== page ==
I’ve received questions over the years from people claiming a range of symptoms from Suboxone or buprenorphine, from back or muscle pain to fatigue, depression, or irritability. I didn’t invent Suboxone, so I don’t take it personally when people blame commonly-occurring symptoms on the drug. But I get bored by the non-scientific thinking behind such claims— that since they started buprenorphine at some point in the past ten years, every symptom or illness that comes along must somehow be related to buprenorphine. No matter, apparently, that people who DIDN’T start buprenorphine often develop the same symptoms. And no matter that they themselves have done a number of things over the past few years BESIDES start buprenorphine. But over and over, people insist that they know, without a doubt, that buprenorphine has to be the problem.
I also get frustrated answering questions about these symptoms when people who complain about them are closed off to other explanations. When I point out that many non-buprenorphine patients have the same complaints, my comments provoke anger. Sometimes I’m accused of having a vested interest to keep people on buprenorphine (I don’t-beyond wanting to provide good medical care).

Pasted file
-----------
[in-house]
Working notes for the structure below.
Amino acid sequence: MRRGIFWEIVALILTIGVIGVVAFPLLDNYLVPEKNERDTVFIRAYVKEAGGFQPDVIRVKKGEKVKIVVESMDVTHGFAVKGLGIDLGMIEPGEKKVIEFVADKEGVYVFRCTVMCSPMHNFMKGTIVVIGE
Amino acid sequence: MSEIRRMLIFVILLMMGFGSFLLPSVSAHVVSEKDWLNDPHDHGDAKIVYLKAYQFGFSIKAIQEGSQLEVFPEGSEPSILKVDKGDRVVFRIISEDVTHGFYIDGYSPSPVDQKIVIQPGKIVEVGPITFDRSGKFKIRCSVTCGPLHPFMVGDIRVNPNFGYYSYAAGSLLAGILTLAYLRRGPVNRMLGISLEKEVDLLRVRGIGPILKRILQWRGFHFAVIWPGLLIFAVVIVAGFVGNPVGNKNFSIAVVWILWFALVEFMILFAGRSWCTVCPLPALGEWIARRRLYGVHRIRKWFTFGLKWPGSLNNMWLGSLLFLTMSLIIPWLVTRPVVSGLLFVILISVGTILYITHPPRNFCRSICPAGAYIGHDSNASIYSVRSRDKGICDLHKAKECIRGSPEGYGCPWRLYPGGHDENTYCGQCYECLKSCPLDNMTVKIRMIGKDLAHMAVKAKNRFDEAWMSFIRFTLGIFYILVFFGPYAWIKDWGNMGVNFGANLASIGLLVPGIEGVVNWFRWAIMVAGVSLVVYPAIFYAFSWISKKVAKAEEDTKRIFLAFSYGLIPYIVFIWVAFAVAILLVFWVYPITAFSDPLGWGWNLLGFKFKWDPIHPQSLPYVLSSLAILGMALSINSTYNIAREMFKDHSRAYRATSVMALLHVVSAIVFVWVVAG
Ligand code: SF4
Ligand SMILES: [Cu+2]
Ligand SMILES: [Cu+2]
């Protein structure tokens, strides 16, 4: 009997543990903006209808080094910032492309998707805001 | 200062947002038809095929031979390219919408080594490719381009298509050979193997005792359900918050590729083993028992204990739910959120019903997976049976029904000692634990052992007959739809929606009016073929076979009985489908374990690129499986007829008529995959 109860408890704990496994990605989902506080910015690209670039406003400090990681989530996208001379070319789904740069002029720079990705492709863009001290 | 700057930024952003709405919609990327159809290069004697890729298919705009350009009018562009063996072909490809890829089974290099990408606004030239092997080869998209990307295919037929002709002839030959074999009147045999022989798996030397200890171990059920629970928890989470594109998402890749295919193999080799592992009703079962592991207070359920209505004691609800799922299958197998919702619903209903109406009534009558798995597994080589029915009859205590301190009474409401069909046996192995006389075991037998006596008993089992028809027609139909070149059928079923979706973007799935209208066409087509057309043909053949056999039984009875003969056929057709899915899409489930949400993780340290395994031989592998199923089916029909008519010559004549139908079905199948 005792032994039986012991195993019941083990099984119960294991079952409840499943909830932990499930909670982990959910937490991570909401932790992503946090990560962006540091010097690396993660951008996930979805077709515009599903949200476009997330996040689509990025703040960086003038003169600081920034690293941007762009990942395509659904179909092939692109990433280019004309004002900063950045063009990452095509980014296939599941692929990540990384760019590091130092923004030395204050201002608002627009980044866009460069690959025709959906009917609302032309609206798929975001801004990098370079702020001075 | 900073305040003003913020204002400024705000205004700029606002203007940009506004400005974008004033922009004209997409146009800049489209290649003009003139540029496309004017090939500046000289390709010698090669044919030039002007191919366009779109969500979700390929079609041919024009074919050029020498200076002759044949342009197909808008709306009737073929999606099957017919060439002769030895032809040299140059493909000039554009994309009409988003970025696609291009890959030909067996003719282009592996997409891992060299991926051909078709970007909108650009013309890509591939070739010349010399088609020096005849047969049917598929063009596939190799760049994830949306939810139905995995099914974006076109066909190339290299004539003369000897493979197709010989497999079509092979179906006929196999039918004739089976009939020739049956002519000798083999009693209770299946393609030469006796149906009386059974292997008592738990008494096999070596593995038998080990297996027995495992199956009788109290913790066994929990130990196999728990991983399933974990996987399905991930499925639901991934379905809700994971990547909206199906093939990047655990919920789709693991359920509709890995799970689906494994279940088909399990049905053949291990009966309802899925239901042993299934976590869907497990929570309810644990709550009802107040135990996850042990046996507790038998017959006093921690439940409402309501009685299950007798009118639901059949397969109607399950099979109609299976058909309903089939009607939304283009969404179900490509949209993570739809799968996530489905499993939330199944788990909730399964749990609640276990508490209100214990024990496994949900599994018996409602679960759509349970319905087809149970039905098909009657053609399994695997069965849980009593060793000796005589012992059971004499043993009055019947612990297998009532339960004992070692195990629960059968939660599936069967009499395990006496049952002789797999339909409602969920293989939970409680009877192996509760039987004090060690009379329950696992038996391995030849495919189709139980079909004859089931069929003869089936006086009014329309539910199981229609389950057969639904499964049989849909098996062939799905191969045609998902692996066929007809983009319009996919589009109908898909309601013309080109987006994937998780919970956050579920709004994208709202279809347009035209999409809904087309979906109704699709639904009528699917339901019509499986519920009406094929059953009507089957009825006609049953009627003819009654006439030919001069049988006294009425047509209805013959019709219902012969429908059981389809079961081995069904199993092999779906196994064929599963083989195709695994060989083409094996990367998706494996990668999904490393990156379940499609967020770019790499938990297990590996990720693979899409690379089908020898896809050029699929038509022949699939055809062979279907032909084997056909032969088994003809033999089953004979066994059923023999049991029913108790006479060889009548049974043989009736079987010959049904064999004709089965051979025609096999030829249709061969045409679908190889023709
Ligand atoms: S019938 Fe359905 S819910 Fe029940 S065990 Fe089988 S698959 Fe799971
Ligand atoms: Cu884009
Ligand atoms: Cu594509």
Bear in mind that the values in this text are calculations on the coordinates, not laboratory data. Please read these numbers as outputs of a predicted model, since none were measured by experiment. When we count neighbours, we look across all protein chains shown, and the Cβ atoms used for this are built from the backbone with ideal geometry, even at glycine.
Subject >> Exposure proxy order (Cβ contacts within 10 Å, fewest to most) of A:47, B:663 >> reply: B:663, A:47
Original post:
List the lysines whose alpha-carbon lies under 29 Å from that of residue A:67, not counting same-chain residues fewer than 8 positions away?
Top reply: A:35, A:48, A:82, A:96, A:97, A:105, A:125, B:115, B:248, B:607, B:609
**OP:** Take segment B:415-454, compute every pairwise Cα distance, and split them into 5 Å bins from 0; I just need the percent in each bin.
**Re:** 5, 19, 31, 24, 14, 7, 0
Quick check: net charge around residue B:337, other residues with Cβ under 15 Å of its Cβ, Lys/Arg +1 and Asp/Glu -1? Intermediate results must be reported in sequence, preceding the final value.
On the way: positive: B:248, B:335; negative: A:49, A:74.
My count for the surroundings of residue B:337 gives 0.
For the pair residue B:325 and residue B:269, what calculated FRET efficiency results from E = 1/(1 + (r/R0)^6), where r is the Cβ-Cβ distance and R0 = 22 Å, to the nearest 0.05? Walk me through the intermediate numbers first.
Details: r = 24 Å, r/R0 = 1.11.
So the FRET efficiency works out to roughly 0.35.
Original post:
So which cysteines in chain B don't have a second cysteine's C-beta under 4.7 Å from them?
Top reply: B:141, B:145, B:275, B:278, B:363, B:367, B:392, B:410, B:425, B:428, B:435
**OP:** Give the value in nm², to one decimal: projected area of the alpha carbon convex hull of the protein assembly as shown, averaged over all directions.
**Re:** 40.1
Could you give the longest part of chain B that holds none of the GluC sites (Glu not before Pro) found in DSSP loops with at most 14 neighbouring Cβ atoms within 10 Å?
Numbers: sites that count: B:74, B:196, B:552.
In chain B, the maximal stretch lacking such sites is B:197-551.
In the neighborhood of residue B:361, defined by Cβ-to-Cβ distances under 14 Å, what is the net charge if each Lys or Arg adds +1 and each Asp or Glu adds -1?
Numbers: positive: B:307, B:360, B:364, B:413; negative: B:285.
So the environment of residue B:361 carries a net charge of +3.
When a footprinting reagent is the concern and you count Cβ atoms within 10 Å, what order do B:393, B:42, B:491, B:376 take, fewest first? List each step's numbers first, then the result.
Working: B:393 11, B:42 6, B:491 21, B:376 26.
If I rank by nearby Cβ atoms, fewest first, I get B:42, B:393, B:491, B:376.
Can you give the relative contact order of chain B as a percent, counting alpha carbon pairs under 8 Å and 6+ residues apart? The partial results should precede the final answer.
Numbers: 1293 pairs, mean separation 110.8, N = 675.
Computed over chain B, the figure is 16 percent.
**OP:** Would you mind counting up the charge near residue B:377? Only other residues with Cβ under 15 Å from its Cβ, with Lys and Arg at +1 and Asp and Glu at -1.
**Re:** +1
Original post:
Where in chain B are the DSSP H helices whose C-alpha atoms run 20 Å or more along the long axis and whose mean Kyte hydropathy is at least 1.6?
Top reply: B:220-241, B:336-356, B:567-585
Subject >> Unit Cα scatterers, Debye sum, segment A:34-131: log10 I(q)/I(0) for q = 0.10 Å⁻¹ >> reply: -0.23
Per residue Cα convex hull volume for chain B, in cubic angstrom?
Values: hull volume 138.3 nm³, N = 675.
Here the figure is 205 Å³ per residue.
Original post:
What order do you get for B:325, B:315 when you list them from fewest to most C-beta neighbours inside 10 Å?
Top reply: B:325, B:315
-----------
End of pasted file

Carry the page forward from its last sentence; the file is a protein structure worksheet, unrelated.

I have a long waiting list of patients and buprenorphine is only a small part of my practice, so I have no reason to compel use of buprenorphine. But I don’t like the risk that my own patients, or others, might be swayed by faulty logic and fret over problems that have no logical basis.
To the people who have written to ask about feeling depressed, anxious, irritable, numb, sleepy, wakeful, or dulled by buprenorphine, my answer is that in almost all cases, people on buprenorphine feel the same way they would feel if they were not on buprenorphine. People develop full tolerance to the effects of buprenorphine at the mu opioid receptor, so from a scientific standpoint, people on stable doses of buprenorphine should feel ‘normal’. Beyond the science, I can say that after treating over 800 patients with buprenorphine over the past ten years, I have seen no evidence that buprenorphine causes depression, irritability, chronic pain, emotional numbness, lack of interest in things, or personality changes. Honest.